Now down to a three piece Pinkshinyultrablast release their third album Miserable Miracles. Previous long players Everything Else Matters and Grandfeathered saw the Russian band produce massive walls of hypnotic noise that mixed the shoegaze sounds of My Bloody Valentine with the full on riffage of Smashing Pumpkins, this new stripped down trio have now adopted a more crystalline synth pop sound so it'll be interesting to see if they can still cut the mustard.
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- AC3015021 / Limited edition 180g vinyl LP on Club AC30. Two coloured vinyl variants ship at random 1) One Blue Side / One Yellow Side - Limited to 500 Copies. 2) Pink Vinyl - Limited to 300 Copies
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They just keep getting faster and faster and louder and louder and happier and happier and usually in this situation I’d say Something’s Gotta Give, but I’m not sure if anything in the world of Pinkshinyultrablast ever has to give. Now bypassing dream pop’s biggest and brightest band, A Sunny Day In Glasgow, this Russian shoegaze crew have given into the sparkly potential of their sound, one-upping the bombastic sheen of ‘Grandfeathered’ with a record that opens full throttle and goes on that way.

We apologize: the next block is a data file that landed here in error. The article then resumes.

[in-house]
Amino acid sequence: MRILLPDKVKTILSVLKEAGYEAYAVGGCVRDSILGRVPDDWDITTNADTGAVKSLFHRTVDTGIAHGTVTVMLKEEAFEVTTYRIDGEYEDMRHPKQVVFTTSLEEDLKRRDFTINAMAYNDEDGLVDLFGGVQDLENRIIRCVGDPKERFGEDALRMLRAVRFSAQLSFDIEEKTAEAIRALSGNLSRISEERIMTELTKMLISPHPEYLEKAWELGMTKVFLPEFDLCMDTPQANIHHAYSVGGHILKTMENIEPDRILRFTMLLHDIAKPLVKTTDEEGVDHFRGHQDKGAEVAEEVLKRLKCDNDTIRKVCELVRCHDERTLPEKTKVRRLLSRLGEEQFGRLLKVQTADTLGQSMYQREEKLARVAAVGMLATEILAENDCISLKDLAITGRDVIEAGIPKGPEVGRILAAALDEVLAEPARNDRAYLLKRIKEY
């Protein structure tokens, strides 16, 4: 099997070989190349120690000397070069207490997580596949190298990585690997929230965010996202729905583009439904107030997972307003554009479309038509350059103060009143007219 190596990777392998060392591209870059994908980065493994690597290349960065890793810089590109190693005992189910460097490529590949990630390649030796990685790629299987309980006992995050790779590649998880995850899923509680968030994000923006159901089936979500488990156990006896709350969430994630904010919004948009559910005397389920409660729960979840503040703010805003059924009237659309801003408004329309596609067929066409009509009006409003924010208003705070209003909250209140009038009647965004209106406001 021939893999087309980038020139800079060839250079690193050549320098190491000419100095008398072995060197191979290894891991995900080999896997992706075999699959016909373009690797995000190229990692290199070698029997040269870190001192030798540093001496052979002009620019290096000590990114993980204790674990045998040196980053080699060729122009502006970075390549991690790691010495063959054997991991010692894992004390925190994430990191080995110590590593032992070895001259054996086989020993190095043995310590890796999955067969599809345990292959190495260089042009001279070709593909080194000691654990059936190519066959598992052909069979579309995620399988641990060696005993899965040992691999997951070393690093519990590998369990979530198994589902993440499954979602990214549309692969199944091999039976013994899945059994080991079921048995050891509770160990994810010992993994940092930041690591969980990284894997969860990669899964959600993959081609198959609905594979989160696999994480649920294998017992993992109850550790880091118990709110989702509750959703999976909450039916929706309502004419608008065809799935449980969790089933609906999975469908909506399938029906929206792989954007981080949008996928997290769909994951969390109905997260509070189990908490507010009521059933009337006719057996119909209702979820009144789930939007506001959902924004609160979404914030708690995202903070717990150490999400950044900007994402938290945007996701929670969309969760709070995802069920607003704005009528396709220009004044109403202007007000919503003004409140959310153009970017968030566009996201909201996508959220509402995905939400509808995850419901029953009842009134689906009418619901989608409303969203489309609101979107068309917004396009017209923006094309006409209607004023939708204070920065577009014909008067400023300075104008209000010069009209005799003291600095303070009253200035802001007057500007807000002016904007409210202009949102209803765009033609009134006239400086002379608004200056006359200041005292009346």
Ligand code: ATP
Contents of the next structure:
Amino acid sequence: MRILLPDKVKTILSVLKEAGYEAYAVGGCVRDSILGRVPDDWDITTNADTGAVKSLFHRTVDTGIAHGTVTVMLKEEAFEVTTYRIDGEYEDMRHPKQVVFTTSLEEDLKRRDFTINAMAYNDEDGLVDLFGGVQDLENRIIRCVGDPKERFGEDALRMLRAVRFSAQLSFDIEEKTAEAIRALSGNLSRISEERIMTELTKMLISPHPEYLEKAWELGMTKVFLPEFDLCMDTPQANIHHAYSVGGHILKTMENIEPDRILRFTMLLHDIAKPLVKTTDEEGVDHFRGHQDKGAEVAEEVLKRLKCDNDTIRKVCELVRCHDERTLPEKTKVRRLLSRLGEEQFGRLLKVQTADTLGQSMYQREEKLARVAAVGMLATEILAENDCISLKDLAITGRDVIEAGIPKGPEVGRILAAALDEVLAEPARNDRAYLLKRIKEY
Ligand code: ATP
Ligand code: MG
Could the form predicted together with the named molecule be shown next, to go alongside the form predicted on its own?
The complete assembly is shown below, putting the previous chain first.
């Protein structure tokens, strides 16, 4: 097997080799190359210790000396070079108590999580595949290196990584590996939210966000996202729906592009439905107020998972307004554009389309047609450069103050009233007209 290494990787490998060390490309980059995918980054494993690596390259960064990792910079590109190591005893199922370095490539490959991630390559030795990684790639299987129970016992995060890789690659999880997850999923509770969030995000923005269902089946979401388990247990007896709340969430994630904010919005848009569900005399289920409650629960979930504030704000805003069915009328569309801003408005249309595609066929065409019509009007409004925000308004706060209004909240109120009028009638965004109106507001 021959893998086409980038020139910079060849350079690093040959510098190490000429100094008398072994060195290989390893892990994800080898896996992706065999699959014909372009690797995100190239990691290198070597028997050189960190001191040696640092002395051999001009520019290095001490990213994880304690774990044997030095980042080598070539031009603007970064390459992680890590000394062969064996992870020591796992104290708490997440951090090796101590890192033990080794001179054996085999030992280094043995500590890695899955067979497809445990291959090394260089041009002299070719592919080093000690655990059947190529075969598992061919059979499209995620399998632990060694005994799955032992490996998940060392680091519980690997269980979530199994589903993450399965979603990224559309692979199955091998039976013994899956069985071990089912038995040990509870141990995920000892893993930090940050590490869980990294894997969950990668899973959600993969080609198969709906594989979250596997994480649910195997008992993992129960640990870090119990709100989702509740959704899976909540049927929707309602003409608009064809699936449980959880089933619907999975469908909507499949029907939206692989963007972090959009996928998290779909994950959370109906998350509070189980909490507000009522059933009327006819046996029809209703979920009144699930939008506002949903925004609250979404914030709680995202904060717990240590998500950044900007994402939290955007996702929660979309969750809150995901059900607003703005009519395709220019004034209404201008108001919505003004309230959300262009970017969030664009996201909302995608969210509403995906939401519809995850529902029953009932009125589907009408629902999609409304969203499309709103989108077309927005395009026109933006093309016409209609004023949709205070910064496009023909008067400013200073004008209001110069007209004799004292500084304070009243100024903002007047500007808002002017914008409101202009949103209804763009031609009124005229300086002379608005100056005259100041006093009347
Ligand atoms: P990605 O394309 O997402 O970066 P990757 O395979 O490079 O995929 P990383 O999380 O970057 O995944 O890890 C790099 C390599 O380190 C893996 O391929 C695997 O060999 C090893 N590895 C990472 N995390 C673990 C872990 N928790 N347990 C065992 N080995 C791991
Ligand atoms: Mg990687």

Have we played down how proggy Pinkshinyultrablast can sound? You know, aesthetically: sometimes they’ll just throw out a riff or synth bit that makes me think of prog. Often times they’ll go the other direction, shooting into a version of the dream pop cosmos where Cocteau Twins are playing grindcore. Guitars will oscillate and synths will sustain as drums thrash their way past cooed vocals and crystalline riffs and… phew. It is a lot to take in.
There is thrill in this glitz, and this record sees a few interesting arrangement choices on its way: some of the synthlines are just lovely, sounding off like video game level themes caught up in a band practice. The record feels, more than ever, like it’s deviating from songcraft; rather, the band are just moulding impressionistic slabs of sounds, the vocals hummed like hymns as lightning-fast riffs push in and out of proceedings like revolving doors. Their sound is construction without narrative, at this point, a wonderful mesh of texture and movement that will bowl you over before you have time to reply. But it's also worth noting that there are pitstops: like astronauts rushing through space and refuelling at stations, their songs will stop, dramatically, before teetering off the edge again. It's a welcome relief that keeps their sound thrilling; this may be a long way from the Pinkshinyultrablast of old, but there's a lovely, developed world to explore within.
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